HGV shortage: Frank Moreels says there’s a ‘problem of decent jobs’
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Political analyst Ed Rennie shared a chart showing how the proportion of UK-born lorry drivers compared with those from overseas. It revealed that there was a sizable decrease in the number of EU drivers since the Brexit transition period ended last January.
He compared this driver deficit with statistics from the Office for National Statistics which revealed that there are around 230,000 people living in the UK with HGV licences but were not using them for whatever reason.
This is more than double the estimated 100,000 driver shortage causing the current supply chain issues.
He tweeted: “Anyone blaming Brexit for the HGV driver shortage from now on really is without credibility.”
He added: “Any fuel shortages are 100 percent not related to Brexit.
“Regarding HGV (non petrol) drivers, Brexit has had an effect, but it is not the cause of the shortage – merely one in a multitude of causes.”
His posts attracted responses from several Remainers who said that his comments effectively admitted that leaving the EU was a crucial factor in the country’s current supply chain crisis.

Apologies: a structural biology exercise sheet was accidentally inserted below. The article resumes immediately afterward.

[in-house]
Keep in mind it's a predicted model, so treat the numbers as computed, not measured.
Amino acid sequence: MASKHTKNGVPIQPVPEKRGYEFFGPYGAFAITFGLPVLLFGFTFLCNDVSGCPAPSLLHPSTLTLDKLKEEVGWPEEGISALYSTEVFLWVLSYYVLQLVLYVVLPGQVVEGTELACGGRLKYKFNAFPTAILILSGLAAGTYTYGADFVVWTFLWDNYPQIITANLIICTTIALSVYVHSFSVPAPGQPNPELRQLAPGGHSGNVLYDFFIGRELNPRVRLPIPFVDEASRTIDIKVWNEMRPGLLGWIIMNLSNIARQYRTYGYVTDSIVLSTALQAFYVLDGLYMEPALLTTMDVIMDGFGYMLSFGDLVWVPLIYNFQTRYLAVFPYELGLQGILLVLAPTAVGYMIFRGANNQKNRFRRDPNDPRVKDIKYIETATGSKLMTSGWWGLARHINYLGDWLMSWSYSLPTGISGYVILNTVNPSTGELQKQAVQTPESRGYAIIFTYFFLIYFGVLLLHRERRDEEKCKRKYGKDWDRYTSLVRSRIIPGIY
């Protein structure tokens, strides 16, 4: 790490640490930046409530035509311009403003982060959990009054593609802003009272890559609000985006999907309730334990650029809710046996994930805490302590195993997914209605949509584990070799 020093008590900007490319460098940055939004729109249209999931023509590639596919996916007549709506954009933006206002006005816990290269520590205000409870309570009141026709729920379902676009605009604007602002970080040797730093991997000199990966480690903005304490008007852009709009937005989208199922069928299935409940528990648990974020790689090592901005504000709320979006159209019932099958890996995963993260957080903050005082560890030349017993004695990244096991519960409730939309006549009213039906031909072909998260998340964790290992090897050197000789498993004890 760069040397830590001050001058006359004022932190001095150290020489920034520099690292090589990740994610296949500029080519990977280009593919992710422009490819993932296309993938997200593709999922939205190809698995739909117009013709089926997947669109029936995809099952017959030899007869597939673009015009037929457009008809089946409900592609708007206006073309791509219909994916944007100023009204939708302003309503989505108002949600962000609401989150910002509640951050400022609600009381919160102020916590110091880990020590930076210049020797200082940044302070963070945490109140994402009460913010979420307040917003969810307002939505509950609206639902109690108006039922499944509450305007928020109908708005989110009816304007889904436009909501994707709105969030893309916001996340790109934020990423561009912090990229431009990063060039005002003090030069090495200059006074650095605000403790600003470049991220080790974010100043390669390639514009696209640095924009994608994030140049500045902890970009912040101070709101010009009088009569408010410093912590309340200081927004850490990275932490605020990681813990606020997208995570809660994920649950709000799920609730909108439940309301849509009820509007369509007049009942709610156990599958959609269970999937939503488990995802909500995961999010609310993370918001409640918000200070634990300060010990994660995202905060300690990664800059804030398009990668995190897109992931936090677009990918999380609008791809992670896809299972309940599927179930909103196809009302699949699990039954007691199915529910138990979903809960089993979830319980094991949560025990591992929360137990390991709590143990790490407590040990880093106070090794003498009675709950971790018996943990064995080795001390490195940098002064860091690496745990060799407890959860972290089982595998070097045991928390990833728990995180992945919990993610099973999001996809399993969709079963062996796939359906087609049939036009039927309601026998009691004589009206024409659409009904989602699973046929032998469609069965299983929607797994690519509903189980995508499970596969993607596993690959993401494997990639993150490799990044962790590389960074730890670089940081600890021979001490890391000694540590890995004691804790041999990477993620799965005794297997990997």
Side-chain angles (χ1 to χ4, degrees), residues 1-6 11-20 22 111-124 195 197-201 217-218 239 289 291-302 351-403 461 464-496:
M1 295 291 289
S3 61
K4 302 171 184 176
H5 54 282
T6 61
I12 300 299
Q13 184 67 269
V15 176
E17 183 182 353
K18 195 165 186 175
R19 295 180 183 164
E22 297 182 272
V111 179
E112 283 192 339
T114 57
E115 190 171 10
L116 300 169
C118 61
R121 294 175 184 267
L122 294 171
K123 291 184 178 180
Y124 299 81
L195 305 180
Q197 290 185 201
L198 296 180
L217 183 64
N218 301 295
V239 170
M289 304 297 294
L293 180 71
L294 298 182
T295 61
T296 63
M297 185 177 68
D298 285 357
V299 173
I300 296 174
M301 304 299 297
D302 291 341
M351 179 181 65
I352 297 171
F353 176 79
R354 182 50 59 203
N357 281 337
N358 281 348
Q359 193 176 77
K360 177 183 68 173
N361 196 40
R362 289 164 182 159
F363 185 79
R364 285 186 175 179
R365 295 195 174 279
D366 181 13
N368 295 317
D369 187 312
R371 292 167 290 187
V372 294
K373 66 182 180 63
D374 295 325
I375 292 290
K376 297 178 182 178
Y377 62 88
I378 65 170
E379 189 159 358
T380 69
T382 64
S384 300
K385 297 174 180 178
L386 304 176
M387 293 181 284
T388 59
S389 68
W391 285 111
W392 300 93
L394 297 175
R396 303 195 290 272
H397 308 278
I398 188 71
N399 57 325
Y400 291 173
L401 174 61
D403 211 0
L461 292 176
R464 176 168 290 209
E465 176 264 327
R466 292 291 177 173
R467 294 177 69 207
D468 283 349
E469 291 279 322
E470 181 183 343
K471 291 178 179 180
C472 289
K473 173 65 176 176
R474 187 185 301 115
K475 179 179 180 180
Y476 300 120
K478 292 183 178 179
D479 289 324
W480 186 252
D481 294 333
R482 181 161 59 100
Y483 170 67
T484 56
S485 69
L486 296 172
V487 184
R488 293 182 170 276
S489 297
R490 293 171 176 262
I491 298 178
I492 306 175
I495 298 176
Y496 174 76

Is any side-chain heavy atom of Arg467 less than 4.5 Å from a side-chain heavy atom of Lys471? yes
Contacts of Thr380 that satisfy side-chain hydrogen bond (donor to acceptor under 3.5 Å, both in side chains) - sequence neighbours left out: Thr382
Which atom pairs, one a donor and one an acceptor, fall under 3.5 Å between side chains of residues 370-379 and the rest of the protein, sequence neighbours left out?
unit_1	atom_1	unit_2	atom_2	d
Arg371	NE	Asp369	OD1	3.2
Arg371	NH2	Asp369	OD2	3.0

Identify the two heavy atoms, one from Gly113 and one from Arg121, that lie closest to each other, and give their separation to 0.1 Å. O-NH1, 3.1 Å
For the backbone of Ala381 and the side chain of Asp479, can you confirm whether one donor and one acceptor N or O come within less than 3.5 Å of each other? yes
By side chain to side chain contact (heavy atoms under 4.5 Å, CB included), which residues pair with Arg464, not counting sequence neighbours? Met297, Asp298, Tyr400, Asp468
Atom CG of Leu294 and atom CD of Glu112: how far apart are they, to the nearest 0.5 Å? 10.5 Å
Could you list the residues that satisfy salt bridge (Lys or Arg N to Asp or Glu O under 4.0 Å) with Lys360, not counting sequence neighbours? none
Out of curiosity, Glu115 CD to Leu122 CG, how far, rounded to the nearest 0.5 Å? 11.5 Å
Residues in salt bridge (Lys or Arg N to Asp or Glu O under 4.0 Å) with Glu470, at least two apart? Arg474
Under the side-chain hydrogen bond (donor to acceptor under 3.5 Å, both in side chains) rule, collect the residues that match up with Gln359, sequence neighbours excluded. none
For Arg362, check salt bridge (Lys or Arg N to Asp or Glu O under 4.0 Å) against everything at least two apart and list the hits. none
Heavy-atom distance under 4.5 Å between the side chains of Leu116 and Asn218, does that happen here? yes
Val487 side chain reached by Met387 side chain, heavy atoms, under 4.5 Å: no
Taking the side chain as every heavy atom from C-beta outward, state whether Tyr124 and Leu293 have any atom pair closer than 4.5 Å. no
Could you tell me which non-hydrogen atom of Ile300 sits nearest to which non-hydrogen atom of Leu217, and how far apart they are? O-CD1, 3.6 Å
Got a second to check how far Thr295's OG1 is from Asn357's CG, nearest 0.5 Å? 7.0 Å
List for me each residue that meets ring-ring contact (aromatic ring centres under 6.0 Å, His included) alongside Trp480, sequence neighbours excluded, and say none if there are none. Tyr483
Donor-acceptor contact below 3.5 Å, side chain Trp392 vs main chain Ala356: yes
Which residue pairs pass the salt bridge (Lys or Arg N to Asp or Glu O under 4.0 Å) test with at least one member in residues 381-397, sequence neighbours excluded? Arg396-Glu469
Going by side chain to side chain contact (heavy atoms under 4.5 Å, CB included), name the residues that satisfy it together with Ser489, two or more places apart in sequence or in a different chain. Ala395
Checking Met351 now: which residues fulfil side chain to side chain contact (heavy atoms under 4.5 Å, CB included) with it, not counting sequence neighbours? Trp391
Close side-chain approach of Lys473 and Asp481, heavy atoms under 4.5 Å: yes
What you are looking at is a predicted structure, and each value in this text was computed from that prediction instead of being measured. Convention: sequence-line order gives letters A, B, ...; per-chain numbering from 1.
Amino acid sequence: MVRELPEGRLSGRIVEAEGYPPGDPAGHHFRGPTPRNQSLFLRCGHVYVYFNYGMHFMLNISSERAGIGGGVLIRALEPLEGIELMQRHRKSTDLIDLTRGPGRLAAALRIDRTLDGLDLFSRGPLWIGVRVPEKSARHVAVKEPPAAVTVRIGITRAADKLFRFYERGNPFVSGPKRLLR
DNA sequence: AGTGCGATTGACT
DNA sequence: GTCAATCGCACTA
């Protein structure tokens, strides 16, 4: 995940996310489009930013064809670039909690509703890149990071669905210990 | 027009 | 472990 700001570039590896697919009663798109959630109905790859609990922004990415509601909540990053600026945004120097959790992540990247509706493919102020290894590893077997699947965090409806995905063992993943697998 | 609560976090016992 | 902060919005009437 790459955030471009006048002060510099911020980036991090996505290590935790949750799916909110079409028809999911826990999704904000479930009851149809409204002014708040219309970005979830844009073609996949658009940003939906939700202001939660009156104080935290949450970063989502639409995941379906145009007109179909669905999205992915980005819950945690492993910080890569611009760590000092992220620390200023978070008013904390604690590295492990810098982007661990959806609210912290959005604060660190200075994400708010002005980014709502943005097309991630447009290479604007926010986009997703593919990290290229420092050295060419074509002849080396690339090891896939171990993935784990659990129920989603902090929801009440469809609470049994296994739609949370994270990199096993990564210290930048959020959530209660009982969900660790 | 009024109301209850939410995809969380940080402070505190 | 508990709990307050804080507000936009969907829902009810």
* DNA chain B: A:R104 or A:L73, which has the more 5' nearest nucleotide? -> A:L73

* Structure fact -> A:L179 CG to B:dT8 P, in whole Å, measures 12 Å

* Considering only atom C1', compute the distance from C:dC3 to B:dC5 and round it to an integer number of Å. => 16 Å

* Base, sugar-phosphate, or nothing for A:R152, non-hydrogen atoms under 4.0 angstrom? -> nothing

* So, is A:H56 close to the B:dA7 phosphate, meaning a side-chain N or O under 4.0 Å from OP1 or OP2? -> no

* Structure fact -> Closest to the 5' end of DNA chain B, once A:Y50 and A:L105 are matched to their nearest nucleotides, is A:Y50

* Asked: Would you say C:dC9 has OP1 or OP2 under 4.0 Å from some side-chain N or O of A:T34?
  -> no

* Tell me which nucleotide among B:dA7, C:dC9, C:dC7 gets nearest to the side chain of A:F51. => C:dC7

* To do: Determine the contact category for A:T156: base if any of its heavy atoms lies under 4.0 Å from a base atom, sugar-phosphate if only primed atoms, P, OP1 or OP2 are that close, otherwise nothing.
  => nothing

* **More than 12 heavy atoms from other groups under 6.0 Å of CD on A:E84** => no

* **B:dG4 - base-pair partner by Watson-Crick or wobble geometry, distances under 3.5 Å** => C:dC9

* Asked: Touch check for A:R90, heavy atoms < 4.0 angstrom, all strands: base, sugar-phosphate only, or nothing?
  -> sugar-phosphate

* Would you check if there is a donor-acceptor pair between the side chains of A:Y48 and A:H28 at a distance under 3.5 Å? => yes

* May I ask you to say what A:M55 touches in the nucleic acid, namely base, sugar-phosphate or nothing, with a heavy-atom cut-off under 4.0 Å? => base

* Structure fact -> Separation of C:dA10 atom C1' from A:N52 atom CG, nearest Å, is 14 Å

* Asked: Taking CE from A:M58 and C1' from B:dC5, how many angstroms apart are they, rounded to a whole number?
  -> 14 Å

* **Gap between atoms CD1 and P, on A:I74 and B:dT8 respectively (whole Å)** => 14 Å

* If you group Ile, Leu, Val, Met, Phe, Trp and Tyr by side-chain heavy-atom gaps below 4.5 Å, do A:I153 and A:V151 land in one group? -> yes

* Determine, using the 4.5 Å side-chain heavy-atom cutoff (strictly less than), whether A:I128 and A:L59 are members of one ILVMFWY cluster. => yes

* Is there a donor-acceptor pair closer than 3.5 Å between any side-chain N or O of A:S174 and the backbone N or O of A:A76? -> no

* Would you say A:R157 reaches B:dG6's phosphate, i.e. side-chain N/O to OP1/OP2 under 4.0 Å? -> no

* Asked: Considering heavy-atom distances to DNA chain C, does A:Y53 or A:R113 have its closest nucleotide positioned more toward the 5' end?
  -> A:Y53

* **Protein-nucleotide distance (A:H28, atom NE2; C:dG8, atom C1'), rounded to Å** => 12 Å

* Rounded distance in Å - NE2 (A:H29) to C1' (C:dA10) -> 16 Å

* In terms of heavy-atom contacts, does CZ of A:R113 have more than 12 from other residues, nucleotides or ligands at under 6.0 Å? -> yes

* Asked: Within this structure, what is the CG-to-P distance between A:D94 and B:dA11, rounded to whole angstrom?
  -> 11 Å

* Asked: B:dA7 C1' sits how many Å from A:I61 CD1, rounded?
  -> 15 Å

Mr Rennie responded: “Brexit is a minor factor in the HGV driver shortage, but nothing to do with the current problems with petrol.”
And when others claimed that countries in the bloc were not experiencing fuel shortages, he fired back: “A problem not occurring in the EU which is in the UK is not remotely evidence of Brexit as the cause.
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“That’s just nonsense. The two are simply not related, that is quite clear.”
He continued: “(The) petrol (shortage) is down to panic buying, not Brexit.”
Mr Rennie went on to claim that a shortage of working lorry drivers existed before Brexit and has affected countries across the EU.
In 2019 alone 24 percent of trucker positions were unfilled in the UK when freedom of movement was still in place.
This was only slightly more than the 22 percent in Poland, 21 percent in the Czech Republic and Spain’s 20 percent, according to the International Road Transport Organisation (IRU).
It has been claimed that many of the vacancies have been left unfilled because of poor working conditions and low pay.
Lorry driver Luke Vernon previously told Express.co.uk that he earned more working as a driver in London 20 years ago than drivers did until recently.
But the heightened lack of supply has caused their wages to skyrocket in recent months, with some drivers taking home more than £50,000-a-year.
This figure compares starkly with wages as low as £8.50 that some drivers were receiving until recently.
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